Rep. Liz Cheney (R-WY) talks with CNN Anchor Kasie Hunt during an interview on Wednesday, Aug. 3, 2022 in Laramie, Wyoming. Rachel Woolf for CNN
By Eric Bradner, CNN Photographs by Rachel Woolf, CNN
(CNN) — Wyoming Rep. Liz Cheney said if the Justice Department does not prosecute former President Donald Trump for his role in the insurrection at the US Capitol, the decision could call into question whether the United States can “call ourselves a nation of laws.”
In an interview with CNN’s Kasie Hunt, Cheney — the GOP vice chair of the House select committee investigating the events surrounding the January 6, 2021, insurrection — said Trump is “guilty of the most serious dereliction of duty of any president in our nation’s history” and pointed to a judge who’s said he likely committed crimes. She said the House committee is “going to continue to follow the facts. I think Department of Justice will do that. But they have to make decisions about prosecution.”
“Understanding what it means if the facts and the evidence are there, and they decide not to prosecute — how do we then call ourselves a nation of laws? I think that’s a very serious, serious balancing,” Cheney said.
“The question for us is, are we a nation of laws? Are we a country where no one is above the law? And what do the facts and the evidence show?” Cheney said.
She sidestepped questions about whether Trump being prosecuted by President Joe Biden’s Justice Department would only add to his strength with the Republican Party’s base ahead of the 2024 presidential bid that Trump has repeatedly teased.
“I don’t think that it’s appropriate to think about it that way,” said Cheney, who’s facing a Trump-backed challenger in a primary later this month.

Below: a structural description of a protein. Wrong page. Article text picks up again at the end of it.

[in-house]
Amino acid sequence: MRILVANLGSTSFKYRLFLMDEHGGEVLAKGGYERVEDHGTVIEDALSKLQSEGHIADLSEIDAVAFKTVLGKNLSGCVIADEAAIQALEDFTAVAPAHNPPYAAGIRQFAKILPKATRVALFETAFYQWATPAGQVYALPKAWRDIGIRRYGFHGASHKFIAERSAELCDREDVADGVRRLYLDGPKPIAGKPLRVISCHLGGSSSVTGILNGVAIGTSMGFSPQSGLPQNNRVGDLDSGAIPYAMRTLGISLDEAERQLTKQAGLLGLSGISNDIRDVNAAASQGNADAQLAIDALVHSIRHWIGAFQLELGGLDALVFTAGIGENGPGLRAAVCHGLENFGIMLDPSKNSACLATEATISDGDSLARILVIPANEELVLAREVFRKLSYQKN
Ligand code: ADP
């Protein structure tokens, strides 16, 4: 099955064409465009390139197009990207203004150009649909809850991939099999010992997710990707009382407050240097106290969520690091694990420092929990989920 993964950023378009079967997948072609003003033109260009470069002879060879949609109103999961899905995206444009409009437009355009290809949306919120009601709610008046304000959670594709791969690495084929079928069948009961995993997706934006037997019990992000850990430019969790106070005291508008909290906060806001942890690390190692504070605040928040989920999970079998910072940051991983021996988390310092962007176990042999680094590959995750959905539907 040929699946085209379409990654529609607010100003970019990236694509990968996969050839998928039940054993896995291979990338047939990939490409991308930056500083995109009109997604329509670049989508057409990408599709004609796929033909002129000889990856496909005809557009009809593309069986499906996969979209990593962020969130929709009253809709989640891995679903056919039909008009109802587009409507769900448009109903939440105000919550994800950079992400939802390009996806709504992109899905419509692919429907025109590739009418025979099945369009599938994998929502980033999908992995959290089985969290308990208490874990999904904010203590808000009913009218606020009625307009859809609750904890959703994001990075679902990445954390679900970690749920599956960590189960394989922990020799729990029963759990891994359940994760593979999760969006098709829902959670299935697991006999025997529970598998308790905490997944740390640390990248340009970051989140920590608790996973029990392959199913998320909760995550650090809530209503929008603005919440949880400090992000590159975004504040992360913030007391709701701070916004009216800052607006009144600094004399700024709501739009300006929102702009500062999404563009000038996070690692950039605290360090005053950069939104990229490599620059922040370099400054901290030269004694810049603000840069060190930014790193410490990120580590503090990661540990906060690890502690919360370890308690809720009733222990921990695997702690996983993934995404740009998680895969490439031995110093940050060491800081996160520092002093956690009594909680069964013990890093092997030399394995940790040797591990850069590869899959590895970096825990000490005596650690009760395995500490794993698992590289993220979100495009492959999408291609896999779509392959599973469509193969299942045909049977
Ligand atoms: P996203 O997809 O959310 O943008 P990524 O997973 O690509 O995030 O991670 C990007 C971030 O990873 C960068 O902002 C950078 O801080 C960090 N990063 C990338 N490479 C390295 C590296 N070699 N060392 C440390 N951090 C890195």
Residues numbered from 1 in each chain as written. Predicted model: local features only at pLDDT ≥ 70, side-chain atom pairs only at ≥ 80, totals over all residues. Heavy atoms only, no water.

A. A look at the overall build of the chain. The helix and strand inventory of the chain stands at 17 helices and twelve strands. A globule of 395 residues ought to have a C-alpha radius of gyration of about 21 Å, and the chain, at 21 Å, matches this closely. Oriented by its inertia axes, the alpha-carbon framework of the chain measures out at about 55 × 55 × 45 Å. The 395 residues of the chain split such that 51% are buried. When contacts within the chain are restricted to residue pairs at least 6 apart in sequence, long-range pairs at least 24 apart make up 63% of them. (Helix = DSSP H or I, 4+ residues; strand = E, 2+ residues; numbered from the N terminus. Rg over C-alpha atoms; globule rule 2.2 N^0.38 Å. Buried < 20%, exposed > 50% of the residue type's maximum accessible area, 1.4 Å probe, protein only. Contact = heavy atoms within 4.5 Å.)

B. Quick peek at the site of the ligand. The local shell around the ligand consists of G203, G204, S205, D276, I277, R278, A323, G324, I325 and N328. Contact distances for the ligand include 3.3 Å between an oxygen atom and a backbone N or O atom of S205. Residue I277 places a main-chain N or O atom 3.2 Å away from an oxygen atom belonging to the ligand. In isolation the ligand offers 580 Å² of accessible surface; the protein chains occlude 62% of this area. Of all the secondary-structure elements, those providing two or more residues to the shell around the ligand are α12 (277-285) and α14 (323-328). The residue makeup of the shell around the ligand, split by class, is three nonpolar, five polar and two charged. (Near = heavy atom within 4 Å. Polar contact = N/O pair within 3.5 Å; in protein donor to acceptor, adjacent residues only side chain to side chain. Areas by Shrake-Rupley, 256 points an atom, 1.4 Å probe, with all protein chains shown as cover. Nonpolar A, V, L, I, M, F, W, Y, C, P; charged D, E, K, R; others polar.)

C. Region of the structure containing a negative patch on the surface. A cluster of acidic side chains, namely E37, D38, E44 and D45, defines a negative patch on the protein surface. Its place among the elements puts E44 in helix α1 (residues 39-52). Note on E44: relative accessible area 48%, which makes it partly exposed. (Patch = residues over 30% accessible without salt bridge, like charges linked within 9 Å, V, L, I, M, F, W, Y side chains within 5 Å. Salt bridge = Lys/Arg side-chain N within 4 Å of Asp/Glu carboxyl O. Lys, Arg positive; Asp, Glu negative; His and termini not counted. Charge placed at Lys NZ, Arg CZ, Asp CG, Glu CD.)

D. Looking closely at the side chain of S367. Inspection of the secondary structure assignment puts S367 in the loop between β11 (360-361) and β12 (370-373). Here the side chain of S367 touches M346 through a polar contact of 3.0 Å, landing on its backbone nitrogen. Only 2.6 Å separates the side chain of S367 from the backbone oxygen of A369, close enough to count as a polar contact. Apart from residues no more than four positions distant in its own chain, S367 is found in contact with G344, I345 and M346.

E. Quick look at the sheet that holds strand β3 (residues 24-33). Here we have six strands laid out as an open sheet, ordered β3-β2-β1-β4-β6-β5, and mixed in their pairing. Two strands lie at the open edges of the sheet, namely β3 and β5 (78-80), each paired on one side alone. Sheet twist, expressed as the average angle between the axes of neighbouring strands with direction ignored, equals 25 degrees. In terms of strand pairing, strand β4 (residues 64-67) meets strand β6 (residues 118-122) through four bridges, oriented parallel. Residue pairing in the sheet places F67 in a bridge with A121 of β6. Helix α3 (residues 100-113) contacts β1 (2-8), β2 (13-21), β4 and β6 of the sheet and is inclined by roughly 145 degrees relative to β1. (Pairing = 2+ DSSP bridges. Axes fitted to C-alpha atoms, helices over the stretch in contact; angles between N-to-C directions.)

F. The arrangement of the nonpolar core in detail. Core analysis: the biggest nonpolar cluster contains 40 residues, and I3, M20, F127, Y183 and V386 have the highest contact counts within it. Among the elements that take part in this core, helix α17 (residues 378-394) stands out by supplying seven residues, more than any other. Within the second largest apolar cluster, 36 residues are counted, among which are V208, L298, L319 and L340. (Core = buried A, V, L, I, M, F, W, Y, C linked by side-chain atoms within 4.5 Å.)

She alluded to Judge David Carter, a federal judge in California who ordered right-wing attorney John Eastman to turn over 101 emails from around January 6, 2021, writing in March that he “finds it more likely than not that President Trump corruptly attempted to obstruct the Joint Session of Congress on January 6, 2021.”
“I think he’s guilty of the most serious dereliction of duty of any president in our nation’s history,” Cheney said of Trump. “You’ve had a federal judge in California say that it’s more likely than not that he and John Eastman committed two crimes.”
Cheney’s comments come as the House panel prepares for a busy August. A committee spokesperson also said last week that the committee intended to share 20 transcripts with the Justice Department, a move that comes as the department’s criminal investigation into January 6 is heating up.
The House committee is preparing to release its final report ahead of November’s midterm elections.
Cheney faces a series of Trump-aligned challengers in her August 16 primary, including the Trump-endorsed Harriet Hageman, a former Wyoming national Republican committeewoman who has advanced conspiracy theories about the 2020 election.
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